They may have initially contested from the women’s quota, but these ladies have proved themselves so well that they have been winning in the general quota ever since. And why not – when one woman sarpanch is all it takes to get a proper road, electricity, 25 hand pumps, four tube wells, old age pension for 50 women, and much, much more! Meet some amazing women sarpanches of Rajasthan.
As a child she used to keenly observe the government officials and leaders who came to her village Bassi, near Jaipur, Rajasthan, for official functions on occasions like Independence Day or Republic Day. Sitting in the audience, she used to watch in fascination as they addressed large crowds. She even had the urge to join them at the dais but knew she needed to become “someone important” in order to be able to do that.
Born into a family of daily wagers, it never really seemed likely that Murli Meena would achieve this desire. Although she was a natural leader, there simply were no opportunities for her to distinguish herself. Her fortunes, however, changed when she got married to someone who lived in the neighbouring village of Dehlala and decided to discard the ‘ghunghat‘ (veil traditionally required for all married women). Looking back, Murli says she wanted to “live as freely as the daughters and daughters-in-law of the Brahmin and Jain communities in my neighbourhood”.
Says she, “During the ‘pheras’ (Hindu marriage ritual) when my mother pulled my ‘pallu’ (free end of the sari covering the head up to the waist) down, I pulled it back with equal force – and this happened quite a few times!”
While initially no one liked her “bold move” – for quite some time she had to bear the criticism and nasty comments of her family and friends – slowly everyone reconciled to the change. What young Murli didn’t know at the time was that her “audacity to stand up for what she believed in” would actually become the stepping stone she was looking for to fulfill her dream.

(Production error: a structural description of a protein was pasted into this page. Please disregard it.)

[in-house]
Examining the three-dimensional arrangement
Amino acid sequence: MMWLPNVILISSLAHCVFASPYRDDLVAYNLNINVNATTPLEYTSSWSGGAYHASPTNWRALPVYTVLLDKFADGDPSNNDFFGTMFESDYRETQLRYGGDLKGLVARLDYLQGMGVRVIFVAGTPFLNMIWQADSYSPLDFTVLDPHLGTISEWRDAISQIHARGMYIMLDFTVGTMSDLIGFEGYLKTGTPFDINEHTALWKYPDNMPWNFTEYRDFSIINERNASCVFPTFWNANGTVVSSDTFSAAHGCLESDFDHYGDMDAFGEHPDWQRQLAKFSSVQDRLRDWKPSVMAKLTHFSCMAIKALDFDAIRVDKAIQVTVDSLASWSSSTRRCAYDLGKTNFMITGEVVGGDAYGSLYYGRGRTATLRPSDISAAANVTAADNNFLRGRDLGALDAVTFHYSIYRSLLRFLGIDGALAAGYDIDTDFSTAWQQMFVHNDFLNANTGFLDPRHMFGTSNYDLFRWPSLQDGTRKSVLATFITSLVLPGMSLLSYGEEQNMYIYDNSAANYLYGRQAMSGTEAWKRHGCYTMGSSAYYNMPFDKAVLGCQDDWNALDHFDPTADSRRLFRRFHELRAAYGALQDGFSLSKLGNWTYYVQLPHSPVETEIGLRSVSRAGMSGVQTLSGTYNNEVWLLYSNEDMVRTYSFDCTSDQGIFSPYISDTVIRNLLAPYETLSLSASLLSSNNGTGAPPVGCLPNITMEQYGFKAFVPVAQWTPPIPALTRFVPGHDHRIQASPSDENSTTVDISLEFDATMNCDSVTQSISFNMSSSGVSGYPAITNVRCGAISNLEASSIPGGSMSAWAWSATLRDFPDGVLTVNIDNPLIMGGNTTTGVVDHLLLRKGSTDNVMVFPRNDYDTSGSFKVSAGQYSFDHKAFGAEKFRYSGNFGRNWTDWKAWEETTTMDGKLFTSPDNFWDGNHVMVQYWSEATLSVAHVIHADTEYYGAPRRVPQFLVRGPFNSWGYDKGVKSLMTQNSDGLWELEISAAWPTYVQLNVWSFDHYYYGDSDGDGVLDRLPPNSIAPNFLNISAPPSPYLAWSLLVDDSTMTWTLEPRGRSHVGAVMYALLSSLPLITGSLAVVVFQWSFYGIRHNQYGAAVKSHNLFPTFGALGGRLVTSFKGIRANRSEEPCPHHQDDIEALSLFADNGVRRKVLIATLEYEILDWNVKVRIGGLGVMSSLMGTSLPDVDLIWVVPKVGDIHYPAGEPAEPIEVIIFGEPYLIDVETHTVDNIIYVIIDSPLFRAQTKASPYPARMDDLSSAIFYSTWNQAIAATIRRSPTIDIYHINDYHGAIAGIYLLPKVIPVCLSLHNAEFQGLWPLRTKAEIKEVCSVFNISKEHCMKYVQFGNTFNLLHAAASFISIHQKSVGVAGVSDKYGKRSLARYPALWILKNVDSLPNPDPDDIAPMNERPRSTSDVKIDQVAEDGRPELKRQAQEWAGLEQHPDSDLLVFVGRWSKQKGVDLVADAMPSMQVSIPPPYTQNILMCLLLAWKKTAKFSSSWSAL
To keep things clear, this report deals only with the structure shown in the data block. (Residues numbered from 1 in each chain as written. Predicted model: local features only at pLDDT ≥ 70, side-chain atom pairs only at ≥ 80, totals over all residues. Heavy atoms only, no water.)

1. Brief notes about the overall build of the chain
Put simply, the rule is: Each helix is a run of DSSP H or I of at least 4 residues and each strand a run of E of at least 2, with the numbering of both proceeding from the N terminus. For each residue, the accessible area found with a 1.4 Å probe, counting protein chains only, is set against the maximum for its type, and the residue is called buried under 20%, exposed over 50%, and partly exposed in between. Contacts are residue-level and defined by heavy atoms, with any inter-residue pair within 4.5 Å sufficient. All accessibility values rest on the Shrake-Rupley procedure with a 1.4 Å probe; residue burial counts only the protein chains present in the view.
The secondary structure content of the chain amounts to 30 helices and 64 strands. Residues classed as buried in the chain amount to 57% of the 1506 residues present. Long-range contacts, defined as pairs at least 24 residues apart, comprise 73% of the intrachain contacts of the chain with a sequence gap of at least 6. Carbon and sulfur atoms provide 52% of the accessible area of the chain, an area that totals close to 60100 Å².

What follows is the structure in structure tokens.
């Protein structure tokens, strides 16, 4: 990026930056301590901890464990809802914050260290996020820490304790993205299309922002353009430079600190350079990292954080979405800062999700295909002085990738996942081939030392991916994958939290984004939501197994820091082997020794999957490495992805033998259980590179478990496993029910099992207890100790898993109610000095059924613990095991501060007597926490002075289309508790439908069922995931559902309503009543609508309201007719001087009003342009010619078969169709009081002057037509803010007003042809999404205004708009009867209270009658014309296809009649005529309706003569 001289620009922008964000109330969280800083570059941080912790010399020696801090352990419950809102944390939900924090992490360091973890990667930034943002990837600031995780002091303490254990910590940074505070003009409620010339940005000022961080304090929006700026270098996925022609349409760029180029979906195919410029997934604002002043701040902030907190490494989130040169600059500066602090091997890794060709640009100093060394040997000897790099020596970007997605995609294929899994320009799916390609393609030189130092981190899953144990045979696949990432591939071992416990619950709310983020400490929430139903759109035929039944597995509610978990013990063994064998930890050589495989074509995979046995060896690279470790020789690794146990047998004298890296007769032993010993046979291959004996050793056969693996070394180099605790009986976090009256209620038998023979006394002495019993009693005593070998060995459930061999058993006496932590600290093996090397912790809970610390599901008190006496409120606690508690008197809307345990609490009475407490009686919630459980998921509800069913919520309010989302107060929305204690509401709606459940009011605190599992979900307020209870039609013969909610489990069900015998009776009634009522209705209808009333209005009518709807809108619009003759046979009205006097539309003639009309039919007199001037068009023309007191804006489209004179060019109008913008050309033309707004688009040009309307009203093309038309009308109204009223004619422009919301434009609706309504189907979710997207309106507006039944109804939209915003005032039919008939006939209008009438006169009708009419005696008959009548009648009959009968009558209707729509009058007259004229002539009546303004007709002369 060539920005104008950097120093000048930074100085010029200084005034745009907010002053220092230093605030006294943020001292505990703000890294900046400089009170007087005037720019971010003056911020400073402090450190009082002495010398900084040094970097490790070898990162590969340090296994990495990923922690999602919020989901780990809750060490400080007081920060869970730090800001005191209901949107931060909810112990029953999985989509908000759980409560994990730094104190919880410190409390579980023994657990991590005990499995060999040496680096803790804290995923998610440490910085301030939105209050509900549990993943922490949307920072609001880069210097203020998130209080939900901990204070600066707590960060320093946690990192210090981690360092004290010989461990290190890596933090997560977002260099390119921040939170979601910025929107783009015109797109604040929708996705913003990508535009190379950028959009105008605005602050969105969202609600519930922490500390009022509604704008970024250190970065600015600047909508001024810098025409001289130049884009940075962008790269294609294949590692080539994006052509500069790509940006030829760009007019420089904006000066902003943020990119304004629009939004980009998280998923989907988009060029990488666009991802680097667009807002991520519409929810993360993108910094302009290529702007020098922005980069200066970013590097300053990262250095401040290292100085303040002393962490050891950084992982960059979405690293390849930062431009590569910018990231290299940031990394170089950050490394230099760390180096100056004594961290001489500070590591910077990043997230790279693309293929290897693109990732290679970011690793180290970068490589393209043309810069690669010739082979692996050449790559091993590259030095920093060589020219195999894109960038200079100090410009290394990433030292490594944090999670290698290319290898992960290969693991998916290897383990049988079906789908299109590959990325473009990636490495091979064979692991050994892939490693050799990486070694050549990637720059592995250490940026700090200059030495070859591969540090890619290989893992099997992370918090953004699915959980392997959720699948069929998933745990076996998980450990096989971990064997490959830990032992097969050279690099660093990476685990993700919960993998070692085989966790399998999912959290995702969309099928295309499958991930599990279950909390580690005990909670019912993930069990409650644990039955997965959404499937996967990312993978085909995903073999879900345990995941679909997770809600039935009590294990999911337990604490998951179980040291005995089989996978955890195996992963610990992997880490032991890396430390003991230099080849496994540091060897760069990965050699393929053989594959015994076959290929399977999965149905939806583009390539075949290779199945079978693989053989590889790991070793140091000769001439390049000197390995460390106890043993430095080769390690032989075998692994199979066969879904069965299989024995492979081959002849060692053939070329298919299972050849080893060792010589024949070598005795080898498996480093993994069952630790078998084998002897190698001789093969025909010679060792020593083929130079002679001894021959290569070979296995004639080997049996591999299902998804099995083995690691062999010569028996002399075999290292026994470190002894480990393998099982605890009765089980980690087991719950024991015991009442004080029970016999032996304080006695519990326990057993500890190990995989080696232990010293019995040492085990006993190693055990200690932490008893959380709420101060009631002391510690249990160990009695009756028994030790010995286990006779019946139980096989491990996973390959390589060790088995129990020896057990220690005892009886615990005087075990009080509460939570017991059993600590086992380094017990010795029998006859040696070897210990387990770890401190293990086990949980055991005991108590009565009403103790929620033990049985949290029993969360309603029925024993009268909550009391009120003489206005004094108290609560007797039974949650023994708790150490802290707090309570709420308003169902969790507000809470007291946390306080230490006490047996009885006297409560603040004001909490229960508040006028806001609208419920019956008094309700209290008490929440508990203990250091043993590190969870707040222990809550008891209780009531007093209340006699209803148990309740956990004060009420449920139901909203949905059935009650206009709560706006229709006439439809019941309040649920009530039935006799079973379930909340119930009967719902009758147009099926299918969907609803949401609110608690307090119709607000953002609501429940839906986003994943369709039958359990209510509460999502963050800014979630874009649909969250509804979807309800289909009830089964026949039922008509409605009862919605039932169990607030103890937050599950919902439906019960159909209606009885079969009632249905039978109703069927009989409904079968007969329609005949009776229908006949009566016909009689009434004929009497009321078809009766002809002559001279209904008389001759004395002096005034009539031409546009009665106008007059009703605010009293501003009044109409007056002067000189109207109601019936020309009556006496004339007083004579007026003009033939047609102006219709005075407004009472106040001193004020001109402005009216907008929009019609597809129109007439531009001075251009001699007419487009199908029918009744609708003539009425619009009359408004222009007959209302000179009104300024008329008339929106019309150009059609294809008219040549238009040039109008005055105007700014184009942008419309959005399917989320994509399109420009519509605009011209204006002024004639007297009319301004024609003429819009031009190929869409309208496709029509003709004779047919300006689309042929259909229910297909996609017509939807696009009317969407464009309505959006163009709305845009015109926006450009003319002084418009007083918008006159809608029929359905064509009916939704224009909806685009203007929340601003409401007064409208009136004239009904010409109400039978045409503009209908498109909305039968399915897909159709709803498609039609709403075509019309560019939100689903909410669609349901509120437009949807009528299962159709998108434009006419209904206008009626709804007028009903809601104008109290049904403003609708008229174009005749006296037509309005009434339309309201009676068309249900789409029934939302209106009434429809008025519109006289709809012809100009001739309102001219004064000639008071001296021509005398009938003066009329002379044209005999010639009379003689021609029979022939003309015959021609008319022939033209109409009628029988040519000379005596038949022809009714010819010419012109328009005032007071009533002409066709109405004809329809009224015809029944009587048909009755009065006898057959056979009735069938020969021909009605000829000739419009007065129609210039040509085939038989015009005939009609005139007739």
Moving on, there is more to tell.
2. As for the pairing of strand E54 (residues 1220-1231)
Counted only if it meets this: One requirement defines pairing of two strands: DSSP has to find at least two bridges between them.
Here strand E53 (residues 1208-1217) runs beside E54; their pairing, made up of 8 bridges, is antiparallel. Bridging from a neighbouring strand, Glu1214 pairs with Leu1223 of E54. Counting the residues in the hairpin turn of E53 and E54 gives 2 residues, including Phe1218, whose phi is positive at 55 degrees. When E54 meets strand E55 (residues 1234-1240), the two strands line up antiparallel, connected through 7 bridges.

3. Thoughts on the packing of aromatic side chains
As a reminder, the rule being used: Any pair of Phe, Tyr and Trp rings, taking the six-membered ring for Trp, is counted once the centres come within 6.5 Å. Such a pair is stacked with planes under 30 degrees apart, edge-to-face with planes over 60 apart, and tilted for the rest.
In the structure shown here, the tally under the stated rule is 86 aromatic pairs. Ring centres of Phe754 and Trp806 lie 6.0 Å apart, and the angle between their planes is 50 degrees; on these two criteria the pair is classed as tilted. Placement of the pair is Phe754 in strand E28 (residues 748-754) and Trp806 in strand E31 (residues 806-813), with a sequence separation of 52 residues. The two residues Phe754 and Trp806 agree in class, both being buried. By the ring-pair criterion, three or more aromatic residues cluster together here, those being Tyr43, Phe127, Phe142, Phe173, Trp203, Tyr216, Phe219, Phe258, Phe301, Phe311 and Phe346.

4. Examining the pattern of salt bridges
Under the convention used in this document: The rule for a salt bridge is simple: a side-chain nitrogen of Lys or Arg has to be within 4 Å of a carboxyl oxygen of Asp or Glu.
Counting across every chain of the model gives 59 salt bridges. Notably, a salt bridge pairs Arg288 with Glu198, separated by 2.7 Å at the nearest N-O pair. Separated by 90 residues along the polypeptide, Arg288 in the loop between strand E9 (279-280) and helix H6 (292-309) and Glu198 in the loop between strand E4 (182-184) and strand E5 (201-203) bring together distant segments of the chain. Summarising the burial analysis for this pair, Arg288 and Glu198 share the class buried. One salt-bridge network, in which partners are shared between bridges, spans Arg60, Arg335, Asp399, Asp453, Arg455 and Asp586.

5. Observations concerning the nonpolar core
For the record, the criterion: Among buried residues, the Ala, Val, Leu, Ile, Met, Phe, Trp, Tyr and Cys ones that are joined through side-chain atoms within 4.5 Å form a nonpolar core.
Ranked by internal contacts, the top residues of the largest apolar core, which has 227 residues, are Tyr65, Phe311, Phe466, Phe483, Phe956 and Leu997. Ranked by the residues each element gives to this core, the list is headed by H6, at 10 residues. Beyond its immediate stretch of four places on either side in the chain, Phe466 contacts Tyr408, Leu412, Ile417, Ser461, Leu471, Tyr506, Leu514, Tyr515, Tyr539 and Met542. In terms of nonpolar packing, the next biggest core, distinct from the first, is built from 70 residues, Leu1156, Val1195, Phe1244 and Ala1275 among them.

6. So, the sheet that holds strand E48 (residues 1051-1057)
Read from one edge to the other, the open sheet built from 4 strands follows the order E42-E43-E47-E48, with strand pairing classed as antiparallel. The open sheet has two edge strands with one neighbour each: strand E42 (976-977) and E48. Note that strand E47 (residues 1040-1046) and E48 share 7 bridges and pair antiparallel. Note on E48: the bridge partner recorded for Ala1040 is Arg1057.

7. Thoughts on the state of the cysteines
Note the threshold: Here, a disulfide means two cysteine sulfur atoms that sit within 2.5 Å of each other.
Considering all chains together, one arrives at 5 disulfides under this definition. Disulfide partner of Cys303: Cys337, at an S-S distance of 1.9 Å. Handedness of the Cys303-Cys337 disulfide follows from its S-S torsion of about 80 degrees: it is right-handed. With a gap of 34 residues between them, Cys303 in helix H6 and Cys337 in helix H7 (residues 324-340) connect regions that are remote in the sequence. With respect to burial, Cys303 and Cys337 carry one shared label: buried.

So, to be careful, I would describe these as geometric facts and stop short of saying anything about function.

In the year 2000, when Dehlala Gram Panchayat in Chaksu tehsil became a reserved seat for women for panchayat elections, the villagers instantly saw in Murli a capable candidate. She was elected unopposed to the post of Sarpanch (village panchayat head) and she did so well in her maiden term that she was elected for a second consecutive term – that too from a general seat. Presently, Murli is in her third term; having defeated nine men and two women to emerge victorious.
Over the last 12 years, this dynamic woman, who has only studied up to Class Eight, has gained a sound understanding of village administration. Confident and active, Murli, now 37, is managing her responsibilities effortlessly. In fact, she was invited by the Commonwealth Bank of Australia for a 10-day visit to Australia – her first trip overseas – to share her experiences of grassroots democracy and leadership.
Over the years, Murli has truly done some remarkable work in her panchayat. She has managed to get 295 women registered under the government’s Indira Aawas Yojna that provides housing for the rural poor; she has pursued various development projects with the help of the Pradhan, the Block Development Officer (BDO), Zila Parishad members and, at times, even the local Member of Legislative Assembly (MLA).
Today, Murli is one of the many women who have become the flag bearers of women’s empowerment at the village-level in Rajasthan, a state still deeply rooted in a feudal culture. What has enabled women like her to step out of their homes and make a real difference to their community is the fact that in Rajasthan there has been 50 per cent reservations for women in local government bodies since early 2010.
The change such a quota brought about was not instant. Initially, it was hard to find women candidates who expressed willingness to enter village politics. This is not because of their incapability but their inherent lack of confidence and fear of annoying family members.